Apolipoprotein E genotype and major depression in a community of older adults. The Cache County Study

David C. Steffens, M. C. Norton, A. D. Hart, I. Skoog, C. Corcoran, J. C.S. Breitner, James C. Anthony, James R. Burke, Robert C. Green, Carole Leslie, Constantine G. Lyketsos, Ronald G. Munger, Brenda L. Plassman, Martin Steinberg, Jo Ann T. Tschanz, Kathleen A. Welsh-Bohmer, Nancy A. West, Bonita W. Wyse

Research output: Contribution to journalArticlepeer-review

Abstract

Background. The role of allelic variation in APOE, the genetic locus for apolipoprotein E, in geriatric depression is poorly understood. There are conflicting reports as to an association between the E4 allele and depression in late life. Method. Using a community based study of non-demented elders in Cache County, Utah, that included many very old individuals, we examined the relationship between APOE and late-onset (age > 60) depression, with particular attention to possible age effects. Results. There was no overall association between APOE and depression. However, there was a significant interaction effect of APOE and age such that the relationship of late-onset depression with respect to presence of the E4 allele was larger among those 80 and older compared with those below age 80. Consistent with previous studies, women were more likely to experience late-onset depression than men. Conclusions. Because we excluded prevalent cases of dementia, this pattern of relative risk with age may reflect the appearance of depressive symptoms as a prodrome of Alzheimer's disease or vascular dementia. Longitudinal studies should help to confirm or refute this explanation of the data.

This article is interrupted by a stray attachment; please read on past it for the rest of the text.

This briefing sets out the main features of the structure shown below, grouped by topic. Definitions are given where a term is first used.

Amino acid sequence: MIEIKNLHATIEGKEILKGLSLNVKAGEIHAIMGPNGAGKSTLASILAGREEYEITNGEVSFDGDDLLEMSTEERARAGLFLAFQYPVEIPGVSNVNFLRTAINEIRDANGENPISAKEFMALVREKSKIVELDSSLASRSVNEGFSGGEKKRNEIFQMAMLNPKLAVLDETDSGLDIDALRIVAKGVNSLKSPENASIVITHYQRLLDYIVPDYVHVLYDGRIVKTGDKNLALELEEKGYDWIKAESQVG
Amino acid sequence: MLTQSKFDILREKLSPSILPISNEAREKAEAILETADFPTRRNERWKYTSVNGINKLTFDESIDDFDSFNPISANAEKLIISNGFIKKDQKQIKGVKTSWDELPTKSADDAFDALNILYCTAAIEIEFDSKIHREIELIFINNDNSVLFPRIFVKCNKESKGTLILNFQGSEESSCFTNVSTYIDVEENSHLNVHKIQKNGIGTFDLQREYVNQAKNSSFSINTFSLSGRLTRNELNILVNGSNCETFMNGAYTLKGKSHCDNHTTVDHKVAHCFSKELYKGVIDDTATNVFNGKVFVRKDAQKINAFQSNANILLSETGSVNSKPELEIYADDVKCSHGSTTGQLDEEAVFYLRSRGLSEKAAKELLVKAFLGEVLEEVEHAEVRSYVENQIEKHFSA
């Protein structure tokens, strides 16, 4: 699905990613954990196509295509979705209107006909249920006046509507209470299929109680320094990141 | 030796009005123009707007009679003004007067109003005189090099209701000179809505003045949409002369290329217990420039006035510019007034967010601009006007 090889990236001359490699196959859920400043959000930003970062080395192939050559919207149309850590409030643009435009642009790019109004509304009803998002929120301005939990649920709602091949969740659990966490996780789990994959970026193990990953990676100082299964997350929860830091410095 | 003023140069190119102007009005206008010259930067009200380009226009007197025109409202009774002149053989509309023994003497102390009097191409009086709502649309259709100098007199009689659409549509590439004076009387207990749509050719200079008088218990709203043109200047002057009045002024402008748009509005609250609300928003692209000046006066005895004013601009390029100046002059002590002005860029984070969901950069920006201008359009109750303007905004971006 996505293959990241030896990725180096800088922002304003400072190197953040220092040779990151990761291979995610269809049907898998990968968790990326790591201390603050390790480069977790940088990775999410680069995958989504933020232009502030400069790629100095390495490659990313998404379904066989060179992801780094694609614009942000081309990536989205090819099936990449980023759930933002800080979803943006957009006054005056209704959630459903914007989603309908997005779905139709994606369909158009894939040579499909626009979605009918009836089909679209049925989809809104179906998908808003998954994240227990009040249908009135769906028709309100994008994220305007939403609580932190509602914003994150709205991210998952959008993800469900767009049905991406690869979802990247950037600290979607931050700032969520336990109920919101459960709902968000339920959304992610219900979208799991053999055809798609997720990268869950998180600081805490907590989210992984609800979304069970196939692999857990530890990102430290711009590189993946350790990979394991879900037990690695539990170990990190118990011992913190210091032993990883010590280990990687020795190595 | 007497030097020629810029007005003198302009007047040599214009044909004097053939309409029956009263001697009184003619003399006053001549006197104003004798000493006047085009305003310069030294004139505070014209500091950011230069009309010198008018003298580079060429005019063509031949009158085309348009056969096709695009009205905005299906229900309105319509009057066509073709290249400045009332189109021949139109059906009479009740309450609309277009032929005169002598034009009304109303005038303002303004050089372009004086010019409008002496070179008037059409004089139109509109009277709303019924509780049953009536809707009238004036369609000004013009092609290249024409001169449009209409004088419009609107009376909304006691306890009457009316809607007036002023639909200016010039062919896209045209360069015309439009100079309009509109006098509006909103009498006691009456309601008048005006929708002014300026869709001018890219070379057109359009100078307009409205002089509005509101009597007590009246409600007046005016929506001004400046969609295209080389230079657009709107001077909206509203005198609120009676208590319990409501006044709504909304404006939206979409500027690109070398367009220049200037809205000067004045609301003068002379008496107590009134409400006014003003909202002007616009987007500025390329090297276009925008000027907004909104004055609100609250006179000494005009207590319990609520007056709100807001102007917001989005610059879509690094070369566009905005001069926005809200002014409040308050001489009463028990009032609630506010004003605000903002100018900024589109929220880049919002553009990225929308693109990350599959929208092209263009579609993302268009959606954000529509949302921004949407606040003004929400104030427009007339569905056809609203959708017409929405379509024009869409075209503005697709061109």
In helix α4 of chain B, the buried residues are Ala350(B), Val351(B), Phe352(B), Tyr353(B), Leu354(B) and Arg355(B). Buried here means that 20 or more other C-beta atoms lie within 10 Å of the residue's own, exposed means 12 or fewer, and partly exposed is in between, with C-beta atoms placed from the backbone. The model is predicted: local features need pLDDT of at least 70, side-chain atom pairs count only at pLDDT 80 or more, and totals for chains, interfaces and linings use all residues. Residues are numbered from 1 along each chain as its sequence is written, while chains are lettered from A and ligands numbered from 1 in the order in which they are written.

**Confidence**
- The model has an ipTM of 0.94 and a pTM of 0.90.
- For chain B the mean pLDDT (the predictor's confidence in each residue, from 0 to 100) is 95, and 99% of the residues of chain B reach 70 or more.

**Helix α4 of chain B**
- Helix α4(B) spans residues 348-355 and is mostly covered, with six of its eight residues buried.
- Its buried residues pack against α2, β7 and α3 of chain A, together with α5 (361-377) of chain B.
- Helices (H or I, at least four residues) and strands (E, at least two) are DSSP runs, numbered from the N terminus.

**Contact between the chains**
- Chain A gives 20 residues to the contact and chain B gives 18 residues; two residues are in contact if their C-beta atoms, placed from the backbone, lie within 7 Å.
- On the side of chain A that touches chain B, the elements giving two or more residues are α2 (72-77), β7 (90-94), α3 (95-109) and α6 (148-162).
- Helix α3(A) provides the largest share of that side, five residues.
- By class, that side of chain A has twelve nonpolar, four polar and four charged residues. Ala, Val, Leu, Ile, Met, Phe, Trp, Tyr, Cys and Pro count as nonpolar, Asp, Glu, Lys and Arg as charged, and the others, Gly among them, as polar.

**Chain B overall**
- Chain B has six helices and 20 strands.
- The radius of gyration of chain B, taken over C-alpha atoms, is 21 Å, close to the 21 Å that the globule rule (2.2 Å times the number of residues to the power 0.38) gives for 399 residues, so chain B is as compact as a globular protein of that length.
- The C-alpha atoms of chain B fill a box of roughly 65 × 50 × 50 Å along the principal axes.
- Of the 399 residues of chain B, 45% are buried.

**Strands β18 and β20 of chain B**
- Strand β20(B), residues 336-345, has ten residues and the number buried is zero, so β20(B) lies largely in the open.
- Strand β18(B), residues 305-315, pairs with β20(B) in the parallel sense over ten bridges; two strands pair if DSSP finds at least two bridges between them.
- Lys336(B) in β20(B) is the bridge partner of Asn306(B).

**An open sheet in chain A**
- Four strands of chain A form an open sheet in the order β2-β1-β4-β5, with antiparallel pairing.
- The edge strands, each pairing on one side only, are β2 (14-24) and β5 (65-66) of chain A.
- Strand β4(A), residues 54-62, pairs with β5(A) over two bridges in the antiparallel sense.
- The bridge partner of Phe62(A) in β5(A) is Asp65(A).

Original languageEnglish (US)
Pages (from-to)541-547
Number of pages7
JournalPsychological medicine
Volume33
Issue number3
DOIs
StatePublished - Apr 2003
Externally publishedYes

ASJC Scopus subject areas

  • Applied Psychology
  • Psychiatry and Mental health

Fingerprint

Dive into the research topics of 'Apolipoprotein E genotype and major depression in a community of older adults. The Cache County Study'. Together they form a unique fingerprint.

Cite this